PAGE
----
Mt. Tapulao (2,037+)

Palauig, Zambales
Major jump-off: Sitio Dampay, Brgy. Dampay-Salaza, Palauig
LLA: 15.4833 N, 120.1166 E, 2037 MASL
Days required / Hours to summit: 1-2 days / 6-12 hours
Specs: Major Climb, Difficulty 5/9, Trail class 1-3
Features: Pine forests, views of West Philippine Sea

Last updated: January 16, 2015


The Practicalities matrix was added and updated information on guides, transportation were provided in January 2015. The difficulty level has also been changed to 5/9.

Hiking amidst pine trees in a semi-temperate climate is an experience usually attributed to the Cordilleras, Mt. Pulag in particular. However, Mt. Tapulao in Zambales possesses the same charms. In fact, its name, tapulao, means pine tree in the local dialect, and it is truly an apt description. However, it has a character of its own. Many hikers never forget the rocky road that constitutes 85% of the trail! On the other hand, what is seemingly an endless sojourn along the path becomes a beautiful trek across pine forests, and into a mossy forest, at the end of the trek.
Mt. Tapulao was traditionally done as a two- or three-day trek. Since 2009, however, the bus schedules have made it very feasible to do it as an overnight trek, or even an extended dayhike.
Mt. Tapulao can get very cold, especially at night: this is one of the charms of the mountain. However, it can also be very hot during the day. After all, the trek starts from a very low altitude: 100+ MASL, giving it one of the highest altitude gains in the whole country, at par with the Akiki trail of Mt. Pulag!
Because it can be quite hot, starting very early is recommended, and is feasible according to the bus schedules to Iba, Zambales.
If you start early, you can starting trekking through the open fields even before dawn, such that when the sun is already high, you would’ve already passed the two water sources and reached the ‘cool part’ – with temperatures ranging from 19 C to a nighttime, yearend temperature of 6 C. After the open fields a rain forest, with trees hundreds of feet high, ensue, before the pine forest. From the start of the pines, it will take three more hours to finally reach the bunkhouse. Here, there is a steep path that leads to the ‘secret campsite’ which guards the entrance to the forest line. If your group has 4 tents or less, it is best to camp here. There are also campsites you will encounter before you reach the ‘Bunkhouse’ (which has a water source), which is the main base of hikers who amp. Alternatively, you can continue to the main road to reach the ‘Generator campsite’ although as of May 2012, this seems to be a defunct campground, with most people camping within the Bunkhouse area.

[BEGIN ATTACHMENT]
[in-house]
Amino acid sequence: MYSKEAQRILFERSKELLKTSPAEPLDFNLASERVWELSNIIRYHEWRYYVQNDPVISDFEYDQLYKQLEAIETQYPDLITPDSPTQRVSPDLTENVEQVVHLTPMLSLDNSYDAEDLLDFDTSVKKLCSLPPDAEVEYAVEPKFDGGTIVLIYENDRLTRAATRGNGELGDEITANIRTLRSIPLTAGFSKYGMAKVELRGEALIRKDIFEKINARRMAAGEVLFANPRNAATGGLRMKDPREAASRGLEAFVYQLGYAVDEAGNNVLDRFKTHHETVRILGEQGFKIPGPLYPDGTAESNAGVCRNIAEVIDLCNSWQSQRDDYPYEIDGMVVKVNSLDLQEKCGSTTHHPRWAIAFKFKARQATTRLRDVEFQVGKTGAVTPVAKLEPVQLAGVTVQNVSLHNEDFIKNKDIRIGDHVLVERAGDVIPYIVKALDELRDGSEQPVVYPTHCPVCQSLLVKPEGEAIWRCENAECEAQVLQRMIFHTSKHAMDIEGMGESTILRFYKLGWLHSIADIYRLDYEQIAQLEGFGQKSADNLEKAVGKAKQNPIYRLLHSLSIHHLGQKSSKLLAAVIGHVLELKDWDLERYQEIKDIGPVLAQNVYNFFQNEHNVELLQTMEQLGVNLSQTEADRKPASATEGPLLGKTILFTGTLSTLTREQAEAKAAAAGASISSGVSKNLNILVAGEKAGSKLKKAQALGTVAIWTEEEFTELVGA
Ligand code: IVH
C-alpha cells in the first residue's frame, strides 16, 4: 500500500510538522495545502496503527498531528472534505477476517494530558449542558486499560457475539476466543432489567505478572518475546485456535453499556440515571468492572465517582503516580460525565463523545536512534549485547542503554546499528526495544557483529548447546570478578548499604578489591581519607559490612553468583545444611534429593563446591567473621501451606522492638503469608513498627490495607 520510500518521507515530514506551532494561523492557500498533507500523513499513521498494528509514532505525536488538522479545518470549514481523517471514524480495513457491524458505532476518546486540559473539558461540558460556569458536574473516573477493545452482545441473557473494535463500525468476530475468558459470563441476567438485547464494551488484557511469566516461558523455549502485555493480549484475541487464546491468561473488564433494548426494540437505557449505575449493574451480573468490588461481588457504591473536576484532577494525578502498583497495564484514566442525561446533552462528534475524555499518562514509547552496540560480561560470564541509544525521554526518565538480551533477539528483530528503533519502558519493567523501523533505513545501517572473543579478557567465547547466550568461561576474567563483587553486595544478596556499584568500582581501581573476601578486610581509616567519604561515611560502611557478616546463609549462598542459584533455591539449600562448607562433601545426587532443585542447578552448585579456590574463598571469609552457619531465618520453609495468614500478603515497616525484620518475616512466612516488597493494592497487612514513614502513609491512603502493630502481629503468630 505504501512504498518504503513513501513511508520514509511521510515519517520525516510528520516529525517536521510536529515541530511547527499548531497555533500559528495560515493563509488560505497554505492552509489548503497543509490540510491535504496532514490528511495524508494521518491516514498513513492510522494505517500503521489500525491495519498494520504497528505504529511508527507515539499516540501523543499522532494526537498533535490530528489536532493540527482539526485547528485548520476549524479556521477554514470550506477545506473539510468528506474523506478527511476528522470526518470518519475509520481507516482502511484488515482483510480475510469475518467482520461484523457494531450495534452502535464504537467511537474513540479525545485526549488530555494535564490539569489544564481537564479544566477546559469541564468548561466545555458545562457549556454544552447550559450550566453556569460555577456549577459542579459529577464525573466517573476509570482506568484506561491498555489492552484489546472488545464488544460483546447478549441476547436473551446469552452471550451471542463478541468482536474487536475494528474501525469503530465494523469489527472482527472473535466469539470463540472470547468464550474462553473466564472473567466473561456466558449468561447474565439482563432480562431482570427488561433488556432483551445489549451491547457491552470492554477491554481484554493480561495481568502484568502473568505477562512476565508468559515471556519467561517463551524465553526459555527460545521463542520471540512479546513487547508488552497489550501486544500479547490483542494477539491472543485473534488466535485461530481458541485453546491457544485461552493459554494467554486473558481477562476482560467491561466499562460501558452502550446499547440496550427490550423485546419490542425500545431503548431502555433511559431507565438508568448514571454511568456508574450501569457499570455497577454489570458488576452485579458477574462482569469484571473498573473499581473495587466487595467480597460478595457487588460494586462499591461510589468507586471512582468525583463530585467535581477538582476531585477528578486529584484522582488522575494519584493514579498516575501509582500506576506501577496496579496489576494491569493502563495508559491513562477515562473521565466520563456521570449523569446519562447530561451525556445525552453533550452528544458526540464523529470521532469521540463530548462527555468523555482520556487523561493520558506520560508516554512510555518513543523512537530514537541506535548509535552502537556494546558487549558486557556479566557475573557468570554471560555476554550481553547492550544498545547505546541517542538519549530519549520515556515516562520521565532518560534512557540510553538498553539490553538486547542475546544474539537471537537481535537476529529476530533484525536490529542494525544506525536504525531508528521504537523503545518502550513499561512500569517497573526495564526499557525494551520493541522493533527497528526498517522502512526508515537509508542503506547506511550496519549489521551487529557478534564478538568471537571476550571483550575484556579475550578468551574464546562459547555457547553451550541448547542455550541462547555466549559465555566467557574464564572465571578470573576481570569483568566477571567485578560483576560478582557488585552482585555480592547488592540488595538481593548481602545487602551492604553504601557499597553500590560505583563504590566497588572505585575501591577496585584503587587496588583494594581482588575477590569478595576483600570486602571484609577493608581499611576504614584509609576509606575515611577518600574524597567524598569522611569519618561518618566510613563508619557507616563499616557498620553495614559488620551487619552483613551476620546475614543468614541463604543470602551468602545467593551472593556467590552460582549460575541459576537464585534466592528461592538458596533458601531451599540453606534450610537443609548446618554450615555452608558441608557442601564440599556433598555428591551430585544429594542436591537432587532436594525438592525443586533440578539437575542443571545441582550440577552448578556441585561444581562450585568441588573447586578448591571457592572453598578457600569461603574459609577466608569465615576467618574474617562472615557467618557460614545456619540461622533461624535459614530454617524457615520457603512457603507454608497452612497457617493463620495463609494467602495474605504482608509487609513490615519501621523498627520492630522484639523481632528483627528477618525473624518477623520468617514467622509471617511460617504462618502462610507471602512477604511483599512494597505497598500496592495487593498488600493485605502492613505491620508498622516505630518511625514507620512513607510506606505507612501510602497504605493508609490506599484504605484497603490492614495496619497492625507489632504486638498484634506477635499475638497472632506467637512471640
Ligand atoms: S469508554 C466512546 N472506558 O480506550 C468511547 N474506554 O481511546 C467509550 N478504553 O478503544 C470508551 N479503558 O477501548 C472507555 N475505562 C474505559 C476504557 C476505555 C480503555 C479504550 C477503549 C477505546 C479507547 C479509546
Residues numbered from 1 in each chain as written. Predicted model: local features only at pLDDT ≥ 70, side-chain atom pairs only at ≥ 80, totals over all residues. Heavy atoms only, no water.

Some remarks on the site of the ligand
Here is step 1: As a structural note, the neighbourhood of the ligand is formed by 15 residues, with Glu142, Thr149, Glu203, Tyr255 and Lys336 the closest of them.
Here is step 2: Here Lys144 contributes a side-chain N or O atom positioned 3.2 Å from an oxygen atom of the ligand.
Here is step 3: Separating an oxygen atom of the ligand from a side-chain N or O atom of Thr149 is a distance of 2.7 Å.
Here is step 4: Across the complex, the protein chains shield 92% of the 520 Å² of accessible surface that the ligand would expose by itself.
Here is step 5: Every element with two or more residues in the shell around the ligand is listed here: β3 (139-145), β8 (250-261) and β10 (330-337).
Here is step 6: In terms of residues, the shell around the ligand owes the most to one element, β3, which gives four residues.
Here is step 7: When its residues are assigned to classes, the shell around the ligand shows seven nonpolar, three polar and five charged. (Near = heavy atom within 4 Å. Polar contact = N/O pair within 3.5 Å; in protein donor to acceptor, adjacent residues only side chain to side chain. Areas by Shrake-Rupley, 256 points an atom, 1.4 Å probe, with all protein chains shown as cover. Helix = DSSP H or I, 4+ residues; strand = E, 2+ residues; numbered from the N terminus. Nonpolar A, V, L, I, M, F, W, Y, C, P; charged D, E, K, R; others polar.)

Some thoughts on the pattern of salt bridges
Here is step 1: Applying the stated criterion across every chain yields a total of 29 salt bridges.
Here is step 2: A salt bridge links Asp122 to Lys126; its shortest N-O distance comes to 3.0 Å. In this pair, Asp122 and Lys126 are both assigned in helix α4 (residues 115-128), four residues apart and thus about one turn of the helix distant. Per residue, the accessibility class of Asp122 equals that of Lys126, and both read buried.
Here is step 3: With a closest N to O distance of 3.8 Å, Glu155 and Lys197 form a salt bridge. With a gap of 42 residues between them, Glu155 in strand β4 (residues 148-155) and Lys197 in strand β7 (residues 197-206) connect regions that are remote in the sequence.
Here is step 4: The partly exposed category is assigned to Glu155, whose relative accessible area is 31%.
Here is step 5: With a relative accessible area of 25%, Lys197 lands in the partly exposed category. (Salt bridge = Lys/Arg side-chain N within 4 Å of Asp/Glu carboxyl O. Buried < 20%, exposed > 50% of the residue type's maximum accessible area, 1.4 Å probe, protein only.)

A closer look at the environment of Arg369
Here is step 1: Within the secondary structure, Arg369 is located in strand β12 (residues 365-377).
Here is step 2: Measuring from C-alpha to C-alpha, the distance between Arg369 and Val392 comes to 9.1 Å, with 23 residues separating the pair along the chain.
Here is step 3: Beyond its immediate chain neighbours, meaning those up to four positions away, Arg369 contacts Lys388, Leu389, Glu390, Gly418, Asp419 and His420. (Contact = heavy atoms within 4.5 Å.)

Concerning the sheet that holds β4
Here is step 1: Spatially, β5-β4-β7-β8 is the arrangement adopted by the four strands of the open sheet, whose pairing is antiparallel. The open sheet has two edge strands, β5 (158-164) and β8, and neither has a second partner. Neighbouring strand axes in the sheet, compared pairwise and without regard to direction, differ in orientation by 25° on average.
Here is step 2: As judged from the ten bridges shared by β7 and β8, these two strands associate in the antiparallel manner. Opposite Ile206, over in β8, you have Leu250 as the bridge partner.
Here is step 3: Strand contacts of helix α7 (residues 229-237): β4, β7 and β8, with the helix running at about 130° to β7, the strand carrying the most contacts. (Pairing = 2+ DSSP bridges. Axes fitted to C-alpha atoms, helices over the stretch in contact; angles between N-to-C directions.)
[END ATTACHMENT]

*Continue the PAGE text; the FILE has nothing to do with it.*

Right in front of the Bunkhouse, a steep ascent via the pine forests takes you to a mini-campsite and right beside it, a forest line which leads to the summit, at 1875 MASL. Usually assaulted with light packs or just water and cameras, it takes 30-45 minutes to negotiate this final leg before reaching the summit.
Here, the flora and fauna are marvelous! You will see numerous insect species, birds, as well as varicolored flowers and exotic plants. Foreign scientists, the miners used to say, go all the way to Tapulao to survey the rich biodiversity.
The peak does not afford splendid views, contrary to what one might expect from a mountain with that stature and with its position relative to the West Philippine Sea. This lack of views is because it is not a bald peak; trees continue to thrive in it – which is a good thing. A beautiful ‘world tree’ serves as summit marker. At any rate, a limited view of the West Philippine Sea can still be seen.
This summit can also be accessed from Mayantoc, Tarlac, in what is perhaps the most challenging hike in Central Luzon: The Mt. Tapulao Traverse. This Tarlac trail to Mt. Tapulao has a separate itinerary and discussion in PinoyMountaineer (see link).
Mt. Tapulao, being closer to Manila, is being touted as an alternative to Mt. Pulag. Old timers used to dub this mountain as the ‘poor man’s Pulag’. The Tapulao experience, however, makes it much more than an alternative, but a destination in its own right, unique from the Cordilleras and special in its place as the High Peak of Zambales mountains.
Day 0
2300 ETD Iba-bound Victory Liner bus from Caloocan terminal.Day 1
0400 ETA Dampay-Salaza, Palauig, Zambales. Arrange for tricycles to jump-off.
0500 ETA jump-off point; register at welcome center, start trek.
0900 ETA first water source
1200 ETA second water source, lunch
1730 ETA ‘Bunker’, set up camp at campsite of choice
1800 Dinner, socials
1900 Lights out
(you may extend climbing time indefinitely; night trek is possible)Day 2
0510 Start trek to summit
0600 ETA summit
0630 Back to campsite
0730 Breakfast, break camp
0830 Start descent
1200 ETA second water source, lunch
1400 ETA first water source
1700 Back at jump-off point; take tricycle back to highway
1800 Take bus to Manila
2300 ETA Manila